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Davis Journal

Descendants of Native Americans and early pioneers share stories of the past

Apr 05, 2021 01:48PM ● By Karmel Harper

What do the intricate beadwork on Native American tanned hide gloves and a Utah pioneer quilt have in common? Both involve a multitude of patterns and colors harmoniously working together to create a beautiful work of art. Just as a single bead on the gloves does not complete the design, a single square on the quilt does not complete the blanket. However, when all elements come together, in both cases, masterpieces are created. 

History is often told using the tools of only a single bead or a single quilt square. To understand and learn the full scope of the stories of the past, perspectives from all voices must be heard and shared.  

Darren Parry, councilman at Northwestern Band of Shoshone Nation, and Fawn Morgan, curator of “Our Kaysville Stories” Facebook page, are collaborating to create a more complete narrative of the relationship and stories of the Northwestern Shoshone Native Americans and Utah Mormon pioneers in the mid-1800s. 

The Facebook group, “Our Kaysville Stories,” is a community of local residents who collect and submit stories and photos of Kaysville/Fruit Heights history. When Parry heard the group is currently collecting these stories (which were primarily of Shoshone natives in the area), as told by the current residents’ viewpoints sourced from their pioneer ancestors’ journals and archives, he was excited about the project because one of his life’s missions is to share the same narrative as told by his people’s viewpoint, which is often overlooked, white-washed, or completely erased from American history classrooms.  

Author of “The Bear River Massacre, A Shoshone History,” Parry dedicates his life to sharing what happened on the early morning of January 29, 1863, where nearly 400 Northwestern Shoshone men, women, and children were slaughtered by the U.S. Army in Franklin County, Idaho, which is near present-day Preston. In that battle, 23 U.S. soldiers were killed. 

This was the largest Native American massacre west of the Mississippi, but because it happened during the Civil War, the event received little attention even though the event was significant in opening up the land for more settlement. The early public attention it did receive, however, is in the form of monuments dedicated to the event – but monuments not erected by the Shoshone people. 

A monument at Fort Douglas, Utah, honors Colonel Patrick Connor, who led the attack and was promoted to Brigadier General because of it. Yet the monument that stands at the Bear River Massacre site itself is more telling of the bias in history. Two plaques on the monument, both erected by the Daughters of the Utah Pioneers (“DUP”), display the contrasting viewpoints of a single event and the evolution towards a more complete account.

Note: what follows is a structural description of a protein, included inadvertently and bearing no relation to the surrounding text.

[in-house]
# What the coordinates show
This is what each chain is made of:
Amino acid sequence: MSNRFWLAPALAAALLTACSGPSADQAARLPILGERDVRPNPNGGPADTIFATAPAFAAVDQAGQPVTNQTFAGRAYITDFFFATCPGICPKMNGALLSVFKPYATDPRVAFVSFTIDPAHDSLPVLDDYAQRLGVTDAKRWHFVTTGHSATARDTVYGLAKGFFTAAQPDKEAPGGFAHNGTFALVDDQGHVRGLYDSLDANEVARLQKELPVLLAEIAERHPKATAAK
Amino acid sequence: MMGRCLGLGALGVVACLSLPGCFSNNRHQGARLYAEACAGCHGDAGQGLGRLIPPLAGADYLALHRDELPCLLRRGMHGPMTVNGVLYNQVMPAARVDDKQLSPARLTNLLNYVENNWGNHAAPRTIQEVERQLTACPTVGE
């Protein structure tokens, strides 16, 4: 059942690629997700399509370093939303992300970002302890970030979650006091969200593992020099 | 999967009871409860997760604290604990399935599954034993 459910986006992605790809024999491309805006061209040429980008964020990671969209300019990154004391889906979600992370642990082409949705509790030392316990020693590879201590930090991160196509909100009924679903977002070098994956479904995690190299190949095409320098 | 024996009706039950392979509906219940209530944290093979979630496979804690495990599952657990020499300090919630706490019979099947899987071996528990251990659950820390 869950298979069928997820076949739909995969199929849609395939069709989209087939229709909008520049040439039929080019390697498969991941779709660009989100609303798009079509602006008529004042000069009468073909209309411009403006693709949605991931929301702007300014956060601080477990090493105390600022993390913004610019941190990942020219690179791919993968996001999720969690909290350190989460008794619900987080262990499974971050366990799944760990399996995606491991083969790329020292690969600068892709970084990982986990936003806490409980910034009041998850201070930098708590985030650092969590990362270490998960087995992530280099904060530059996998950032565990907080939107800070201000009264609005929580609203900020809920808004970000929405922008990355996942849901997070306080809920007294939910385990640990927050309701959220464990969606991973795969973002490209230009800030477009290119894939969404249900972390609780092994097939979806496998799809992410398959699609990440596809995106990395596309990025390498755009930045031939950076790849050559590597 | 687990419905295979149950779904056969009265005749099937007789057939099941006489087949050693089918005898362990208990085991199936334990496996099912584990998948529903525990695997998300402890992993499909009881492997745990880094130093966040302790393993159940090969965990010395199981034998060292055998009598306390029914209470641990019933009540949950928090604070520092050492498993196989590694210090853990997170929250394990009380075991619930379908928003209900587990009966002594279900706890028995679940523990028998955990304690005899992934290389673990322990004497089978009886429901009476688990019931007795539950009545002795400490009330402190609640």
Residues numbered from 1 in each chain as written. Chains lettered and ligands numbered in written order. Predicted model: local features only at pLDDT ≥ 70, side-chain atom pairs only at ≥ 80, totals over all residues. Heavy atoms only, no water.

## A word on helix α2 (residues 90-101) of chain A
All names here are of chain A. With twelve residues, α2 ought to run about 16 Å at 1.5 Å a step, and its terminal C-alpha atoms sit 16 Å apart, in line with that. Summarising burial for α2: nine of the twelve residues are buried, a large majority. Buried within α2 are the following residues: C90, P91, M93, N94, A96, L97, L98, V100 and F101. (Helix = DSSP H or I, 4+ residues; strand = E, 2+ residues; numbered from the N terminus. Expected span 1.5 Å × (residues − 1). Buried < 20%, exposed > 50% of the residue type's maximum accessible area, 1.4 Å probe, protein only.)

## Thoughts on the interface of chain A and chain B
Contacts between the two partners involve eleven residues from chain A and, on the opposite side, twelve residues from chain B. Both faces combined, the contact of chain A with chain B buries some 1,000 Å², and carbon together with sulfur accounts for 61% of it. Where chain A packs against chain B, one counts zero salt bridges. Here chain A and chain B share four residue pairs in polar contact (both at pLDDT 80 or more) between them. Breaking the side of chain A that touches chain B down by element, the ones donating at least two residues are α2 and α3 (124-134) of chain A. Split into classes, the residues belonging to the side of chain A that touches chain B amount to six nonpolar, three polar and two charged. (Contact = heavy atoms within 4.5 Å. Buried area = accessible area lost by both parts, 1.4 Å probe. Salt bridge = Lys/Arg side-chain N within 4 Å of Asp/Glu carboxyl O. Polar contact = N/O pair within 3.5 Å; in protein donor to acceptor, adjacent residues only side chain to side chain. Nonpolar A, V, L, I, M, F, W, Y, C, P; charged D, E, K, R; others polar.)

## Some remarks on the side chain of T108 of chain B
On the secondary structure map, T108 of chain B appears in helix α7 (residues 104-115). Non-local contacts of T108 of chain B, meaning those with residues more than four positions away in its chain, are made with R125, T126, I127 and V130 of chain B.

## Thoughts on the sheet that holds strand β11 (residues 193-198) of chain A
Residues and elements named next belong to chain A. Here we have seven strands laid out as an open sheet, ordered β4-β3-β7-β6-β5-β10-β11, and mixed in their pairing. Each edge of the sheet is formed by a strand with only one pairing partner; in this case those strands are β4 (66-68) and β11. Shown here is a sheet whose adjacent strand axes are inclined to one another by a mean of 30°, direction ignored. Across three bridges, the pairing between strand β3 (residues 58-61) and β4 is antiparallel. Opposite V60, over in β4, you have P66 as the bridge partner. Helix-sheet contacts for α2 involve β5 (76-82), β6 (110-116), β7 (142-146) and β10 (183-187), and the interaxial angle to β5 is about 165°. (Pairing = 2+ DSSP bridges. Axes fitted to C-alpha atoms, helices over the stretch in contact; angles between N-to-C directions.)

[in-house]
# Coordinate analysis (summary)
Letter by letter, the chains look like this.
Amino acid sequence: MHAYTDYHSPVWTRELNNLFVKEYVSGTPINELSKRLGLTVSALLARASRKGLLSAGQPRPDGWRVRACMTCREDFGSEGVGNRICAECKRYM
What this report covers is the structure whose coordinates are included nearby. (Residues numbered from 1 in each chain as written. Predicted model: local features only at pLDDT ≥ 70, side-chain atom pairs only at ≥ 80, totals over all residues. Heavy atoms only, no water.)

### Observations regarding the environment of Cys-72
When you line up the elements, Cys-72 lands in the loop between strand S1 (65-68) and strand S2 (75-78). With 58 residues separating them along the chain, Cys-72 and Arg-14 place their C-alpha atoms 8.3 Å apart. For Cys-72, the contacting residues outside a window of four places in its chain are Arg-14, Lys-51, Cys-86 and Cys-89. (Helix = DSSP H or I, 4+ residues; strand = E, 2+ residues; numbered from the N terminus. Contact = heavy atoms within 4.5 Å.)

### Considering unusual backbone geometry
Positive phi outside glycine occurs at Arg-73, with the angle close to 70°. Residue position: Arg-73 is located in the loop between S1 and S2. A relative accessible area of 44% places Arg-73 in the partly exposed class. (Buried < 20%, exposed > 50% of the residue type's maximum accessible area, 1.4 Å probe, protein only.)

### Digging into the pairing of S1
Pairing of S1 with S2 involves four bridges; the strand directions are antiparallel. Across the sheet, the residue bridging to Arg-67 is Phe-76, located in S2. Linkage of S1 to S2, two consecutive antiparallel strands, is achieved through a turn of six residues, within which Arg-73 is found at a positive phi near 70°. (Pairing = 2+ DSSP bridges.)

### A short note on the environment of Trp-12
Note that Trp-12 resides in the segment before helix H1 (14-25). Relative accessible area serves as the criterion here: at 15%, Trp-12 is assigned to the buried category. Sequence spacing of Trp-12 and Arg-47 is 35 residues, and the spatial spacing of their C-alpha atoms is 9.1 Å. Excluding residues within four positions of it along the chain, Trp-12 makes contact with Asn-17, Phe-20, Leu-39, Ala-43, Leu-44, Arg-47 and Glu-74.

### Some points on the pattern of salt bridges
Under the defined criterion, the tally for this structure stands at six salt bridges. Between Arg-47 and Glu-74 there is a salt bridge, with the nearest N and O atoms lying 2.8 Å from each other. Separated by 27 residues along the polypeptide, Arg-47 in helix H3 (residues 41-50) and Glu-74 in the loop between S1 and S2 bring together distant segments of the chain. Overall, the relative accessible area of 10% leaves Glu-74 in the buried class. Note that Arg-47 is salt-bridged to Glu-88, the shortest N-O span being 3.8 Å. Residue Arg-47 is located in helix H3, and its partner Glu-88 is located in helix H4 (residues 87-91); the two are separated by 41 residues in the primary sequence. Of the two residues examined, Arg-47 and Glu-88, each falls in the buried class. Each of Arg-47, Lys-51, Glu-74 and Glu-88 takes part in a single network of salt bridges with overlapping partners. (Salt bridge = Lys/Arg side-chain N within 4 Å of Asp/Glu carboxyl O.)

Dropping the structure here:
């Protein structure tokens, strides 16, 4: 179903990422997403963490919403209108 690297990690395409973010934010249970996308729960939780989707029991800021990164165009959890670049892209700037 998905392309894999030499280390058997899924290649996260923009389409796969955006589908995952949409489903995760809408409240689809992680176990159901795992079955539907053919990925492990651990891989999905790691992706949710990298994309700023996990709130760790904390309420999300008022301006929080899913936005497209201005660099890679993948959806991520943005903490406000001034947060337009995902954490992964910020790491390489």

The first plaque erected in July 1953 reads: “Attacks by the Indians of the peaceful inhabitants in this vicinity led to the final battle here January 29, 1863. The conflict occurred in deep snow and bitter cold. Scores of wounded and frozen soldiers were taken from the battlefield to the Latter-day Saint community of Franklin. Here pioneer women, trained through trials and necessity of frontier living, accepted the responsibility of caring for the wounded until they could be removed to Camp Douglas, Utah. Two Indian women and three children, found alive after the encounter, were given homes in Franklin.”

The new plaque which was unveiled on the 158th anniversary of the massacre on January 29, 2021 reads:  “In memory of the estimated four hundred men, women and children of the Northwestern Shoshone Nation who were brutally massacred in this vicinity January 29, 1863, by the United States Army California Volunteers from Fort Douglas, Utah, under the command of Colonel Patrick E. Connor. The attack took place in the early morning hours against a group of people with limited defense and without peaceful means first being sought when a conflict arose. 23 soldiers died. Chief Sagwitch and other survivors joined The Church of Jesus Christ of Latter-day Saints, established a thriving farming community known as Washakie, and many helped build the Logan Temple.”